Physics KS3 / GCSE: The danger of orbital debris

Kevin Fong asks NASA astronaut and spacewalk veteran, Dan Tani, why space suits contain the same material as a bulletproof vest.

The astronaut explains that even tiny pieces of debris in space which are travelling very fast (relative to an astronaut) can be lethal.

Kevin uses a volunteer from the audience to demonstrate that no human can throw a piece of raw carrot hard enough to puncture a sheet of cardboard.

However, when pressurised air is used to accelerate the carrot stick to a very high velocity, its kinetic energy is very high indeed, and it punches straight through the cardboard.

This clip is from the Royal Institution Christmas Lectures 2015.

Teacher Notes

Key Stage 3

You could ask students to describe the energy transfers taking place during the demonstration.

Students could then research the materials that spacesuits are made from and explain why using ideas about properties.

Key Stage 4

Provide students with some data and challenge them to work out the kinetic energy of some objects that might be found in orbit.

The ISS travels at 7.66 km/s so an astronaut on a spacewalk passing through a stationary field of debris is at considerable risk!

Curriculum Notes

This clip will be relevant for teaching Physics.

This topic appears at KS3 and in OCR, Edexcel, AQA, WJEC KS4/GCSE in England and Wales, CCEA GCSE in Northern Ireland and SQA National 4/5 in Scotland.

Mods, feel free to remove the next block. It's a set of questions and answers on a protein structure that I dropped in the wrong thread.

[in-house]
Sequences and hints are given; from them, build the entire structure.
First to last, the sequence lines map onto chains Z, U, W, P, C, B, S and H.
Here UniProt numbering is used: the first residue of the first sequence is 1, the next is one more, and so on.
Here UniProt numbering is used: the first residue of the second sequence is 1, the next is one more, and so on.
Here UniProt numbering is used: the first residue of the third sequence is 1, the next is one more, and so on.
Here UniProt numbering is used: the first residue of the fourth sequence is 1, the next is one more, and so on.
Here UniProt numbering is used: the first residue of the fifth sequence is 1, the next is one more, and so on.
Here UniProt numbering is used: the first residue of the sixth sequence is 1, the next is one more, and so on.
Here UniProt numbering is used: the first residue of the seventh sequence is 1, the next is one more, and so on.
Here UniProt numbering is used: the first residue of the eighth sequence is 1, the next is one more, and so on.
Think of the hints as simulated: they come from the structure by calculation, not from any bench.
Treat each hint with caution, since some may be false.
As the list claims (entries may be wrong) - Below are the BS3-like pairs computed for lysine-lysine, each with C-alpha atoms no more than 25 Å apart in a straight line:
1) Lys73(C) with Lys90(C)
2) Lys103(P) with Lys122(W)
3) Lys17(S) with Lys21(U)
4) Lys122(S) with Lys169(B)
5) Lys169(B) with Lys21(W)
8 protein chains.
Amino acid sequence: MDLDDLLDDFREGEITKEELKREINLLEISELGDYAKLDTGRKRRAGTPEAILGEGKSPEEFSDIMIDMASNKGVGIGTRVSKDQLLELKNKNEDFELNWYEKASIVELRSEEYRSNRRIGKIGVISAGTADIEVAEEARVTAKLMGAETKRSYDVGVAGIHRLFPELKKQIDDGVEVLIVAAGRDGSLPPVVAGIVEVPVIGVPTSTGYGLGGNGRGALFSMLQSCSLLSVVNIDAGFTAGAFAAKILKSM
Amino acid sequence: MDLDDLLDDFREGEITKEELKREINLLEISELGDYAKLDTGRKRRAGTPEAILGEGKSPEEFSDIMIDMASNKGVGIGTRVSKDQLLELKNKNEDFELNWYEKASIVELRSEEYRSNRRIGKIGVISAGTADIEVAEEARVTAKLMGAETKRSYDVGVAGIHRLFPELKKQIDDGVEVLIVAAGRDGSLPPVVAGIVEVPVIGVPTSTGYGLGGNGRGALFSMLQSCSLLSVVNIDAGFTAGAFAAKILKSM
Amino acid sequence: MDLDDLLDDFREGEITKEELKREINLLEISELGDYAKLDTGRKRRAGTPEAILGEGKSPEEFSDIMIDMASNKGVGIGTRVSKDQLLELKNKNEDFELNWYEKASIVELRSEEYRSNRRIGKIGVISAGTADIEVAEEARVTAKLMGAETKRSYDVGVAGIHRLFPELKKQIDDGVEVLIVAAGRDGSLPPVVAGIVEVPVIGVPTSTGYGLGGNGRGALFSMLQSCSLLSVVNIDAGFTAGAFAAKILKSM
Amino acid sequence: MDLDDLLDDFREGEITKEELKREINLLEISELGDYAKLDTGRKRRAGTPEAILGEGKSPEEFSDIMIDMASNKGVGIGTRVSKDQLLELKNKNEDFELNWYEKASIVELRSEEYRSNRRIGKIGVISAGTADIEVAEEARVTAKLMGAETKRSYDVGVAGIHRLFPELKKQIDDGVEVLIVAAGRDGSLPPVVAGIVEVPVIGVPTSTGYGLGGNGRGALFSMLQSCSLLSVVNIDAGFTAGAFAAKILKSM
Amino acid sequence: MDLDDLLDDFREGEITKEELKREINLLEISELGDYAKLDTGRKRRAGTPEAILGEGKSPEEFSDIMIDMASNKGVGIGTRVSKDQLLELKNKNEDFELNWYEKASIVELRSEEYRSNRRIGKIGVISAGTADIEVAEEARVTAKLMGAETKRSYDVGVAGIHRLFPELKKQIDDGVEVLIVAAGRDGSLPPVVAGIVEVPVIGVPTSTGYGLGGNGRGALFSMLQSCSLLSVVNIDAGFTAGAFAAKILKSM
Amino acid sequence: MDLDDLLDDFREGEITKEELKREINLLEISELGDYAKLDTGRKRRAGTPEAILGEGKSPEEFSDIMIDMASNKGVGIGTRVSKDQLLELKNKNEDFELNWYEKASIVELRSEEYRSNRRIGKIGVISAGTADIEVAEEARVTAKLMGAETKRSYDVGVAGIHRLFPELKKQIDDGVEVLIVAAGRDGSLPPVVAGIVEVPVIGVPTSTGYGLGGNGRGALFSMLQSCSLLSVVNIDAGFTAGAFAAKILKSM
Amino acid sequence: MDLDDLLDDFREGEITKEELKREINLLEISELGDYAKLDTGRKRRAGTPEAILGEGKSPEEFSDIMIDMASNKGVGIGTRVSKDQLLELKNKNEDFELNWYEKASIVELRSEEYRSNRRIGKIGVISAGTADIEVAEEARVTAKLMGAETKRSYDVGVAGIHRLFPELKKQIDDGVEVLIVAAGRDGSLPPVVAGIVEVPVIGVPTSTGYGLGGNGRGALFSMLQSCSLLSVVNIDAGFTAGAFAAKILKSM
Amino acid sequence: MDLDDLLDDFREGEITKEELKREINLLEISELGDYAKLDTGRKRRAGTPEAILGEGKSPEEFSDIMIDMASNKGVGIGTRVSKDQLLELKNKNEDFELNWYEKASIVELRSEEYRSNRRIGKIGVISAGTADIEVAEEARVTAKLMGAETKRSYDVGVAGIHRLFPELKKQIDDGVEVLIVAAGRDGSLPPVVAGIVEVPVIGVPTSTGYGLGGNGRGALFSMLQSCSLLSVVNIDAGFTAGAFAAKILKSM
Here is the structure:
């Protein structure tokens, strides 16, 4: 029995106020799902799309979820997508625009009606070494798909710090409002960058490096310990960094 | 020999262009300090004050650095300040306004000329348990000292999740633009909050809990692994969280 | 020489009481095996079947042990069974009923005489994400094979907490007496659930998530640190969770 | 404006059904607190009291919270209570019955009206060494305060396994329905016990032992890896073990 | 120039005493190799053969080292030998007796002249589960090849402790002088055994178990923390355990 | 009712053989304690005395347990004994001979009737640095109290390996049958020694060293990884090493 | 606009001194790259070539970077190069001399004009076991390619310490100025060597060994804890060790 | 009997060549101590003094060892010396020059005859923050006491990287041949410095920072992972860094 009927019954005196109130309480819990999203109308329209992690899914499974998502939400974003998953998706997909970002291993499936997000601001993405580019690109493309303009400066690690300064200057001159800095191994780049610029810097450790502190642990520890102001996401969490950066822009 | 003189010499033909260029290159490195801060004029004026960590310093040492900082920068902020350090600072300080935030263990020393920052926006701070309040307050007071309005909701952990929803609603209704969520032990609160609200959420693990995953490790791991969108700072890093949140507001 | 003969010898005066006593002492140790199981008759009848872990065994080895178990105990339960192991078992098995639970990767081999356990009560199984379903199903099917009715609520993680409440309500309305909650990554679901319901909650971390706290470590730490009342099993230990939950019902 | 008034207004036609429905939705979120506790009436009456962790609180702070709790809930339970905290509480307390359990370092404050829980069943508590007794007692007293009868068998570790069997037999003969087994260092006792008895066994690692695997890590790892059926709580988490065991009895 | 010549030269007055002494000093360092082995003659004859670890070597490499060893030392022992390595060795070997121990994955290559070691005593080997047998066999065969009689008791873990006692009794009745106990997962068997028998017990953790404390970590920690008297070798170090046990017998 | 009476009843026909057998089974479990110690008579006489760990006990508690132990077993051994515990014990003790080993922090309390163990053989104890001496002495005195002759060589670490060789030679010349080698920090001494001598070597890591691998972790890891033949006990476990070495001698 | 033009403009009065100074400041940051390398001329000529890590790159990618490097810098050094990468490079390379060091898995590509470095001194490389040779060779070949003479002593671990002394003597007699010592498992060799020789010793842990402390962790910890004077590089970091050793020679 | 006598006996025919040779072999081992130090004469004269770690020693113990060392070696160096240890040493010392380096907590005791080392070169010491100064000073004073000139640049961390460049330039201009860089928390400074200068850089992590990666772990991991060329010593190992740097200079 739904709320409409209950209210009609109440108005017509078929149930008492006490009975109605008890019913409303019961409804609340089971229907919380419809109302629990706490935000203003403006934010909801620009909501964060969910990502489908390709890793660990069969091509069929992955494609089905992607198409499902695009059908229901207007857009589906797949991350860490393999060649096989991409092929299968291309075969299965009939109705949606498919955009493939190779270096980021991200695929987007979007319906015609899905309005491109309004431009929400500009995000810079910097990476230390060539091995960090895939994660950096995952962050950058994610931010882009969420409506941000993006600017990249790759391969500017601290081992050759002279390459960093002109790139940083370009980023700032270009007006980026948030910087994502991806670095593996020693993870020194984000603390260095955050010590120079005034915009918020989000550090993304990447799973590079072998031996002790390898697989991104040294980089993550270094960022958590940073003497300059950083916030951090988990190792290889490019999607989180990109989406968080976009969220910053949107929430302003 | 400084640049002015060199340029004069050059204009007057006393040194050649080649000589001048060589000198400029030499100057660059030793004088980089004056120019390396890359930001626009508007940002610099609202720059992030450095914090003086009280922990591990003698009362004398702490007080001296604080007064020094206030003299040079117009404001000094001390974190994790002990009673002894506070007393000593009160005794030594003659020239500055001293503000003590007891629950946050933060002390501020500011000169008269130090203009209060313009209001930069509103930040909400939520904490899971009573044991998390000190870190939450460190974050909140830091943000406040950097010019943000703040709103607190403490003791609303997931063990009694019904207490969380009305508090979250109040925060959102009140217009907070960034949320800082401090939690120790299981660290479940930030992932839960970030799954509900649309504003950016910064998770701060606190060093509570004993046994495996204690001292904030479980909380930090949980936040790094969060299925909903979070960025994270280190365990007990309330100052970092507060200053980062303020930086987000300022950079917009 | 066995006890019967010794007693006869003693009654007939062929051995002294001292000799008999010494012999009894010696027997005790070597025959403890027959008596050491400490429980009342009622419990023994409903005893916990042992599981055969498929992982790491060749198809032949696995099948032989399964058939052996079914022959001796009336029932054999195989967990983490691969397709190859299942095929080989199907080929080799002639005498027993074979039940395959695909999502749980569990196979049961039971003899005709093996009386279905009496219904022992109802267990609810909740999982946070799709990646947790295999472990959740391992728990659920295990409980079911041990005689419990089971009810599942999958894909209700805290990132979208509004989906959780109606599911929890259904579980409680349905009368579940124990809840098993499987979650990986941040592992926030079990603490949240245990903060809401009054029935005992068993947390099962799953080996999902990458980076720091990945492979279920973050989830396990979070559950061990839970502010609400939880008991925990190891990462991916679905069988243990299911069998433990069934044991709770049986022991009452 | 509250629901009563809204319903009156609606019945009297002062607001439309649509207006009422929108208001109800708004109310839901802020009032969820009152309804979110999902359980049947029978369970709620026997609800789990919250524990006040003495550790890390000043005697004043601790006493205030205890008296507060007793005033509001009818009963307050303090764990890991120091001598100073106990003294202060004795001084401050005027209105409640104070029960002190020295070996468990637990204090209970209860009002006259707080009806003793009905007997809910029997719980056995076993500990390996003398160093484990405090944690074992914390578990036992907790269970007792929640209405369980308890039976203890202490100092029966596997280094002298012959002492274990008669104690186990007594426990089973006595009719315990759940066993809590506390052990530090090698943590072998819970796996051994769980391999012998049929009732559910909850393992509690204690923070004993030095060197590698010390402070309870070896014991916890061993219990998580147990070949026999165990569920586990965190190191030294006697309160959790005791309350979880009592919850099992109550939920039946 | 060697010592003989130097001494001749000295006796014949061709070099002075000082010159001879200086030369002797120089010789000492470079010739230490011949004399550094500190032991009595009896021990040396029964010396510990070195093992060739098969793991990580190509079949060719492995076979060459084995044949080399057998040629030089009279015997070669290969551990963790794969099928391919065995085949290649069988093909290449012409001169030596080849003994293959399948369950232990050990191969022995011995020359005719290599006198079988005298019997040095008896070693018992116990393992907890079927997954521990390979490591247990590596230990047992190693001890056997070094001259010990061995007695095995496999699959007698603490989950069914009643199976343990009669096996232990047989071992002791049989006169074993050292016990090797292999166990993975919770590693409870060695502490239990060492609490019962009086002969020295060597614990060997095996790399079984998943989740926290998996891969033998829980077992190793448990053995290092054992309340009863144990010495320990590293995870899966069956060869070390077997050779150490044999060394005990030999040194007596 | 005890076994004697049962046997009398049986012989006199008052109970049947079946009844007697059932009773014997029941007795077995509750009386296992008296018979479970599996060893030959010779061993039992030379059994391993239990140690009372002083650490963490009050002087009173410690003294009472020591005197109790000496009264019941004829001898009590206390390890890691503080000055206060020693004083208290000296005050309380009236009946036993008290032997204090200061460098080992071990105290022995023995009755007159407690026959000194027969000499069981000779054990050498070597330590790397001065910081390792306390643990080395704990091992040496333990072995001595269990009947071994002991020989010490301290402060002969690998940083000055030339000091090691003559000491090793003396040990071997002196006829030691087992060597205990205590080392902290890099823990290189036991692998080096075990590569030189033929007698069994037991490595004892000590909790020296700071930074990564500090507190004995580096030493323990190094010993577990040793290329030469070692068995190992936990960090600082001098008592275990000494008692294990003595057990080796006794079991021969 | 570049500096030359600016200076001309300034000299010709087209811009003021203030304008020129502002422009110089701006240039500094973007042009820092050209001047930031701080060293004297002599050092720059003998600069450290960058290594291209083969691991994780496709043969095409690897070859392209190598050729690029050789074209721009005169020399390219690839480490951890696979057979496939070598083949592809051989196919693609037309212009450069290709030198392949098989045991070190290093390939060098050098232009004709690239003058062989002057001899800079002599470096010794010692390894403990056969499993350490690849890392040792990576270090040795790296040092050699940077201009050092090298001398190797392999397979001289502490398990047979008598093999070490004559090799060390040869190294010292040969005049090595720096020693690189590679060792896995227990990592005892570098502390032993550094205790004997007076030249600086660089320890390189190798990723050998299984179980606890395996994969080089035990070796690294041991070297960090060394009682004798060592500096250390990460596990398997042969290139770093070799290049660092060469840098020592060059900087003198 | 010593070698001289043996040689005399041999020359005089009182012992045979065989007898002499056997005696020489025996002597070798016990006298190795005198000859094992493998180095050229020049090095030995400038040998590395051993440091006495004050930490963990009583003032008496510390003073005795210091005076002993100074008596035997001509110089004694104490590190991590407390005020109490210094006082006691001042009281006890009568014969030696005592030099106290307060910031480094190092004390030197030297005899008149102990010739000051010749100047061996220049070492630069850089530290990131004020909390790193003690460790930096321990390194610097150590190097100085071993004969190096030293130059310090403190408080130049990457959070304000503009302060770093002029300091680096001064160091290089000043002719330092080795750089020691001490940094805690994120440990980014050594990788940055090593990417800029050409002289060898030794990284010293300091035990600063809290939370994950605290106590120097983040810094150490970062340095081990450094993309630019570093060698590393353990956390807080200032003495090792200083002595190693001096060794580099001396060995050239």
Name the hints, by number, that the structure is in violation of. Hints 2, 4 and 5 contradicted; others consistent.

More from the Royal Institution Christmas Lectures 2015

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How the vacuum of space effects the human body
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Resonant Frequency
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Orbital Rendezvous
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What does gas weigh?
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Why are bones weaker in orbit?
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How micro-gravity disorientates us
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Demonstrating radiation detectors
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Demonstrating heat shield material
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Why Earth rock is found on the Moon
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How Earth protects us from radiation
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Why tardigrades can survive in orbit
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How to recycle urine in space
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